I want to start by sharing that I was always great at executing, but strategic planning was a skill I had to build up. Using my experience, I’m sharing three small tweaks that went a long way in building up my strategic planning skills to help you do the same.
If you don’t have the time and space for strategic planning, you’ll struggle to do this successfully. Make time in your calendar for strategic planning. This might mean being comfortable with delegating some aspects of your current responsibilities. This might also mean creating more leaders in your team who can take things off your plate so you can focus on strategic planning. This crucial tweak will help set you up for success.
Examine how businesses have achieved exponential growth and made those larger jumps. Where organic growth happens when you reach out to similar clients or business groups as you’ve always done, non-linear growth may occur in areas that are not your organization’s traditional strengths. You may discover that there are members of your team who have skill sets in non-traditional areas. Or, you may find that you can guide your team into areas they haven’t explored in order to achieve non-linear growth.
If you’re asking members of your team to take on these new areas, concurrently build your team’s mindset in taking measured risk, while also building up new partnerships within and beyond your organization. Make sure that you’re listening to first-hand feedback from your talent and your clients. Are you aware of their needs and concerns, and are you successfully addressing those in this new area? In order to take measured risks, your teams will have to go the extra mile, often outside of their comfort zones. However, as a result, you will set yourself up for step growth that you wouldn’t be able to achieve organically.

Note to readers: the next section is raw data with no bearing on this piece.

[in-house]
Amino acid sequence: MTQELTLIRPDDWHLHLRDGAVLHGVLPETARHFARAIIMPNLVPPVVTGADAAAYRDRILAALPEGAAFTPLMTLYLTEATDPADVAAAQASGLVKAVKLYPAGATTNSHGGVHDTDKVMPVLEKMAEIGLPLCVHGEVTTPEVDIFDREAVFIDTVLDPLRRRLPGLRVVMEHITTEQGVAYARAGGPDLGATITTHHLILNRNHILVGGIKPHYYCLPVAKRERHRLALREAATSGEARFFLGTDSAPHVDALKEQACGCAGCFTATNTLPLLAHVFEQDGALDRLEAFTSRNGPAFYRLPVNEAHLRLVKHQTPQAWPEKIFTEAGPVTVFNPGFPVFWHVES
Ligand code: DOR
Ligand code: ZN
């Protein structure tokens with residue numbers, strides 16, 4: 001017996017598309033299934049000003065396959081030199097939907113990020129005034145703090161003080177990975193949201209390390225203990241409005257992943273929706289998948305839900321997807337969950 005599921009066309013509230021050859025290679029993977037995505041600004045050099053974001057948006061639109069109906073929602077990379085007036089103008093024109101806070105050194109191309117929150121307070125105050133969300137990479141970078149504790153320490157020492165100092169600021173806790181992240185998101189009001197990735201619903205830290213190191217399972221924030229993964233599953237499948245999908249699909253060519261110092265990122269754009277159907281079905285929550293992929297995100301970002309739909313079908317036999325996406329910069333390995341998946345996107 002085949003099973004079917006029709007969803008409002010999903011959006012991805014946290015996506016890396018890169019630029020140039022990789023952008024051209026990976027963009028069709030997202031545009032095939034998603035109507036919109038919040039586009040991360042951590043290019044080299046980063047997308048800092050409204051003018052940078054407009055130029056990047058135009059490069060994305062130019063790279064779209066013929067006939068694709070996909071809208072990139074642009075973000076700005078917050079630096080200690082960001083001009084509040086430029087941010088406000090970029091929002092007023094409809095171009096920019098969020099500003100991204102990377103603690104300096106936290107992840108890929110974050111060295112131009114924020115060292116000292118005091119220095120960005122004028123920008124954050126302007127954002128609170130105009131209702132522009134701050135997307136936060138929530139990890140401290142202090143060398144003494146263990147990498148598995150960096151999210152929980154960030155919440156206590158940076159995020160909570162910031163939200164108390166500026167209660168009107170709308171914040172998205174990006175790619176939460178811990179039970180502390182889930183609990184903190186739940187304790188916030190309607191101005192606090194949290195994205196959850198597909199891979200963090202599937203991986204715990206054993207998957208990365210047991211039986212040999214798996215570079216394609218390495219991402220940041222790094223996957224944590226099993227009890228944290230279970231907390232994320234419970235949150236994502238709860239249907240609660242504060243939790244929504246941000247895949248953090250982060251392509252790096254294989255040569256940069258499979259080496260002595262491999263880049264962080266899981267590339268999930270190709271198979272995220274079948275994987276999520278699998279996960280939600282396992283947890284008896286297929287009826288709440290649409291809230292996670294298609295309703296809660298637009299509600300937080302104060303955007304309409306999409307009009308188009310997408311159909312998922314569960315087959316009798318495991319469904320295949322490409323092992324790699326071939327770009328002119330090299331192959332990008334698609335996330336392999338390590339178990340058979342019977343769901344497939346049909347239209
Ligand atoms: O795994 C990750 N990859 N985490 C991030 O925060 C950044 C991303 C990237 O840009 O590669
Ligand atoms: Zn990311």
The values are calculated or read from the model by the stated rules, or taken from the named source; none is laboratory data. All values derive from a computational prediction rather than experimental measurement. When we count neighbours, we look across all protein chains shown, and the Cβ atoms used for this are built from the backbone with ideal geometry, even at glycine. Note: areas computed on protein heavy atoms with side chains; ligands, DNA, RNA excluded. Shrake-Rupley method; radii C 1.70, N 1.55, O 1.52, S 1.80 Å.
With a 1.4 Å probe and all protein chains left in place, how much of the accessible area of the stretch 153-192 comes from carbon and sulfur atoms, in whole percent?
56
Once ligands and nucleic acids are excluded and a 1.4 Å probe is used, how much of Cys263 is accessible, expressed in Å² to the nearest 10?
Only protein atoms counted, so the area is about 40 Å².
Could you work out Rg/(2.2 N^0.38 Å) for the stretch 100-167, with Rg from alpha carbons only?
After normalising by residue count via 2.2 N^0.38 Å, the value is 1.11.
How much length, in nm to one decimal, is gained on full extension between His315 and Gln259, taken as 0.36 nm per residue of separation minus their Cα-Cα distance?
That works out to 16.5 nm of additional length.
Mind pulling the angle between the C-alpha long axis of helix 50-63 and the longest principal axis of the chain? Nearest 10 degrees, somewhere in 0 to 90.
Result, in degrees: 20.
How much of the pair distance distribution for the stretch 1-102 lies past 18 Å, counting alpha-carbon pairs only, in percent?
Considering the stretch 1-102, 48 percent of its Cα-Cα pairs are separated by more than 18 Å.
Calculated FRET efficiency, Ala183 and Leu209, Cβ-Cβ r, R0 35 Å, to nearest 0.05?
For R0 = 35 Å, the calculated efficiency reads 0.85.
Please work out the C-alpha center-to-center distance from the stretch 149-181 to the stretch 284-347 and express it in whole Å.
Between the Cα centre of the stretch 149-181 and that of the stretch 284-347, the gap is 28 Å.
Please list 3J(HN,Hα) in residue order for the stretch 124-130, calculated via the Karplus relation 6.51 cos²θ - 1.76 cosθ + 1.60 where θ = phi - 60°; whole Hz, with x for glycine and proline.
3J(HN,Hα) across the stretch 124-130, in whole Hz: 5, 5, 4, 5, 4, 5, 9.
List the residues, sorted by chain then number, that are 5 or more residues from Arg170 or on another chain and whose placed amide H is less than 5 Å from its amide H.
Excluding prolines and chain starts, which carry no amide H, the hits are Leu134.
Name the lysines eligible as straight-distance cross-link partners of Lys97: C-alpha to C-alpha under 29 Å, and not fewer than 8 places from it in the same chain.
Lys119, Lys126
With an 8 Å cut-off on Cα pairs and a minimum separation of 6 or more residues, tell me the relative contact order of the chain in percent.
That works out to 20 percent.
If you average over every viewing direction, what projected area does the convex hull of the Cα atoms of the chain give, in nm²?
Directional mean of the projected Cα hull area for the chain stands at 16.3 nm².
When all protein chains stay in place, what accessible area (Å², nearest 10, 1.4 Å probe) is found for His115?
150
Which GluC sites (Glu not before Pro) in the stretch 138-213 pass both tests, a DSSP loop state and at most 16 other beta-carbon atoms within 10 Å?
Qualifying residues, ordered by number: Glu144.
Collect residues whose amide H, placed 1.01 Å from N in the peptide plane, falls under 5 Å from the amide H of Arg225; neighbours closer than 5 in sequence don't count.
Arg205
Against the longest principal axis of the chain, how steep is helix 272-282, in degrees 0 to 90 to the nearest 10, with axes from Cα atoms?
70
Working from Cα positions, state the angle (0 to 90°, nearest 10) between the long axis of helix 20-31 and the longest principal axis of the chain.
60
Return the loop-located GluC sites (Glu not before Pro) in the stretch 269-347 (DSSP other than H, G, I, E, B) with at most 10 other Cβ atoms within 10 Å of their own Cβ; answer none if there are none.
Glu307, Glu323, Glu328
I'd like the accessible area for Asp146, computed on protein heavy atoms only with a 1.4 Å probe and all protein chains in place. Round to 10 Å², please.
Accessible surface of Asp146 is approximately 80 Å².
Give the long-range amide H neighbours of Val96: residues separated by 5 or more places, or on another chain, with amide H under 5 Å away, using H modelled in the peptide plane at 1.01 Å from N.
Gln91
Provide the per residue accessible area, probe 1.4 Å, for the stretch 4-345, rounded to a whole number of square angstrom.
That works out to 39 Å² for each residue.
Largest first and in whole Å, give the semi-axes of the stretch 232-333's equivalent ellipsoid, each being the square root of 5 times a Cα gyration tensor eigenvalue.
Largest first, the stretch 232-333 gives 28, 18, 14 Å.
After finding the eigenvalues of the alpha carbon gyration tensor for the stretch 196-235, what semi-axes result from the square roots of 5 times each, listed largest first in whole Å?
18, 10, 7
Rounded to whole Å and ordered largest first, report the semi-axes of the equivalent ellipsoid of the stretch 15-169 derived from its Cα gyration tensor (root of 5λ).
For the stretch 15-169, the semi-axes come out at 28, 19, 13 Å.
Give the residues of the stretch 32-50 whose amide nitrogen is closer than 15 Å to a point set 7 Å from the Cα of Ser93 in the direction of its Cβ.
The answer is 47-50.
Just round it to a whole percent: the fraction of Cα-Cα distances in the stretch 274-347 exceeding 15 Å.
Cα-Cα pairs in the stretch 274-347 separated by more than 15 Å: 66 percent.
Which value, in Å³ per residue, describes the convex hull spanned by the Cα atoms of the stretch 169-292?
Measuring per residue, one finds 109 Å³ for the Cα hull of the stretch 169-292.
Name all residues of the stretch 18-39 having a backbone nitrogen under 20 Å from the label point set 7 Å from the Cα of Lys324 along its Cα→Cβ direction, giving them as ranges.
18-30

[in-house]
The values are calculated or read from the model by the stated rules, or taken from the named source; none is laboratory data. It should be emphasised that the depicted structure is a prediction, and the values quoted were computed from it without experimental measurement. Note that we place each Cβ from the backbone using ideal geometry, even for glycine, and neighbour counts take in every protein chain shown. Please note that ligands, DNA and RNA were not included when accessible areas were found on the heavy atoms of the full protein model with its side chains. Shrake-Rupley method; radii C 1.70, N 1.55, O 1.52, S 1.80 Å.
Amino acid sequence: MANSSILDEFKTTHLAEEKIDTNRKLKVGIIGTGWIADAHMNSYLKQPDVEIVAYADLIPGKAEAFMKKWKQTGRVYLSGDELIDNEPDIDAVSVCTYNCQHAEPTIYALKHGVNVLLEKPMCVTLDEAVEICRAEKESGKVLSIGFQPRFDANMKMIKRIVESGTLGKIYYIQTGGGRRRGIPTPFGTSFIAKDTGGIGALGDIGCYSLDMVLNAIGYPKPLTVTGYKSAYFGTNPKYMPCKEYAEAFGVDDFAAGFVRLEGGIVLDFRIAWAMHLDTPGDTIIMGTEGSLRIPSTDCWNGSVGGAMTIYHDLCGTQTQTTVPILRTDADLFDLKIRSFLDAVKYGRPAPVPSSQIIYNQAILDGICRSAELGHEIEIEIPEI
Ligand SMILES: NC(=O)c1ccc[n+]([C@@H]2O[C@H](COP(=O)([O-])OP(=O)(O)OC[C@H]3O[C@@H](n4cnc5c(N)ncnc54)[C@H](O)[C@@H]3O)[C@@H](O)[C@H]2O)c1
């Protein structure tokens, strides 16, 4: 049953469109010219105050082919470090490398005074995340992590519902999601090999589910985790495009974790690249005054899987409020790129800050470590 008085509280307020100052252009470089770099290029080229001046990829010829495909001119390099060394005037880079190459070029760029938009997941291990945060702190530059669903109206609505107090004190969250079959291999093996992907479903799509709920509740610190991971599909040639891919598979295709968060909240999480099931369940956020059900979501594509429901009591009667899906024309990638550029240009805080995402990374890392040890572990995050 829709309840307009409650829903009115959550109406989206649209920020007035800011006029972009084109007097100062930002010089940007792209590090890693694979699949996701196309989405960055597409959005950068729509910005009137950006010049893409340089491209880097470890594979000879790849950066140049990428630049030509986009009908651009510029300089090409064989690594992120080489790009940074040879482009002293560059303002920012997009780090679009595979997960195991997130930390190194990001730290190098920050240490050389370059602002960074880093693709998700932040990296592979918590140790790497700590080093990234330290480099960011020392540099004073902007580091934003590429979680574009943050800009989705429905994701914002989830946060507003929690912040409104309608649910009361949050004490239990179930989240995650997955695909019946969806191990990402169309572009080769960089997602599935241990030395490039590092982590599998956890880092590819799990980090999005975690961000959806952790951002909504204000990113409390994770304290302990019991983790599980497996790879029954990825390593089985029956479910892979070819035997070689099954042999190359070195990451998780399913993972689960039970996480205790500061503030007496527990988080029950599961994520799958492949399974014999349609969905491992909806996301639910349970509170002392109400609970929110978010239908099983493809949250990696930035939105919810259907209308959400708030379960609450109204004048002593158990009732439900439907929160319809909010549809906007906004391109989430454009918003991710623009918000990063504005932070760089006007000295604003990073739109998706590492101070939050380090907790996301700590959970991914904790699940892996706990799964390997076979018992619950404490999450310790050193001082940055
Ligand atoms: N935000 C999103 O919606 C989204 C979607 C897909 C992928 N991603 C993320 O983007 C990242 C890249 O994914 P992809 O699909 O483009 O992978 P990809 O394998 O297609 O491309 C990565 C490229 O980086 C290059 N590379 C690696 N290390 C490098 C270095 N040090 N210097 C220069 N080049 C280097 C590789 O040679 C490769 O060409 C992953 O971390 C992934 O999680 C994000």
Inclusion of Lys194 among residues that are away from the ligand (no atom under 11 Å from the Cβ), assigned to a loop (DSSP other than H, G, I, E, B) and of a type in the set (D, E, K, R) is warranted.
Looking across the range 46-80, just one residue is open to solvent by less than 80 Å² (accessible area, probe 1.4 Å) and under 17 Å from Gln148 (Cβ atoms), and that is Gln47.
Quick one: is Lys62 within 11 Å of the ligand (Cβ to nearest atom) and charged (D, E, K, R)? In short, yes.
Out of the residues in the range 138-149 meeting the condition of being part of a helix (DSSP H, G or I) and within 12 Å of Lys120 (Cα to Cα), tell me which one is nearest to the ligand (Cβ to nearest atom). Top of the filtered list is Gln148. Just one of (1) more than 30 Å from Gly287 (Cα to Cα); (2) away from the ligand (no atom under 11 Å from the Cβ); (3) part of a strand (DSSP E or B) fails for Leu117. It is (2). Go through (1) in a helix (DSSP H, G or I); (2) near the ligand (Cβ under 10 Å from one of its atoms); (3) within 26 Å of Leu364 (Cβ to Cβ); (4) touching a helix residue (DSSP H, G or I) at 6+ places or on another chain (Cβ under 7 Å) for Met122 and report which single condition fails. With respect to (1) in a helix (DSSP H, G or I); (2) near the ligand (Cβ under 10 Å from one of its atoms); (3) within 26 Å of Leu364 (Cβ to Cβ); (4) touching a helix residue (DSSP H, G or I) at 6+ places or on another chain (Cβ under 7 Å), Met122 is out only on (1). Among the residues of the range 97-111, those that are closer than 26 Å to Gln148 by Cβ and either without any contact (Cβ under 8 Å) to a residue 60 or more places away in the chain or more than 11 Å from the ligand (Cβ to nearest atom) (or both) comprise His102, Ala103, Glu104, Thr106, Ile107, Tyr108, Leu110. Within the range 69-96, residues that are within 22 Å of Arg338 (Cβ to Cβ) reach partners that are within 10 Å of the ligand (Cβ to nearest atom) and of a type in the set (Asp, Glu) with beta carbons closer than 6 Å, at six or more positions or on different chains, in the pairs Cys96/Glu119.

The tools you choose to use can play a huge role in facilitating effective collaboration and communication of your plans across your teams and the wider organization. When making strategic plans, you’ll need a place to put down your ideas, communicate your plans upwards to your leadership, but also down to your team members who need to think about the tactical aspects of execution.
I’ve learned through my experience that using multiple tools is more effective than settling on just one. There are so many productivity and project management tools out there, each with their own use cases. Select the tools that best support your specific use case, as they will likely be most effective. You should also choose tools that you and your team will be comfortable using.
For instance, I use Miro Boards to collaborate. Our strategic plans require coordination across multiple teams with different skill sets and backgrounds, and we need ways to connect their ideas in order to quickly execute. Miro boards help us put these plans on paper and figure out how different teams will get involved in carrying out their part of the puzzle. In addition, we also use the Microsoft suite of tools – Word, Excel, Powerpoint – to build our plans and easily cascade them across the organization.
Everything your organization is building is ultimately a product, and therefore having a user-centric mindset will take you far. From a strategic planning point of view, think about what the final product you’re working towards will look like. Then put yourself in the shoes of your client or end user. What would they think of it? Central to successful strategic planning is the understanding of how your client or end user is going to be using your products and services, and solving for their challenges proactively.
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MD & Global Head of Modeling, Sustainable Investing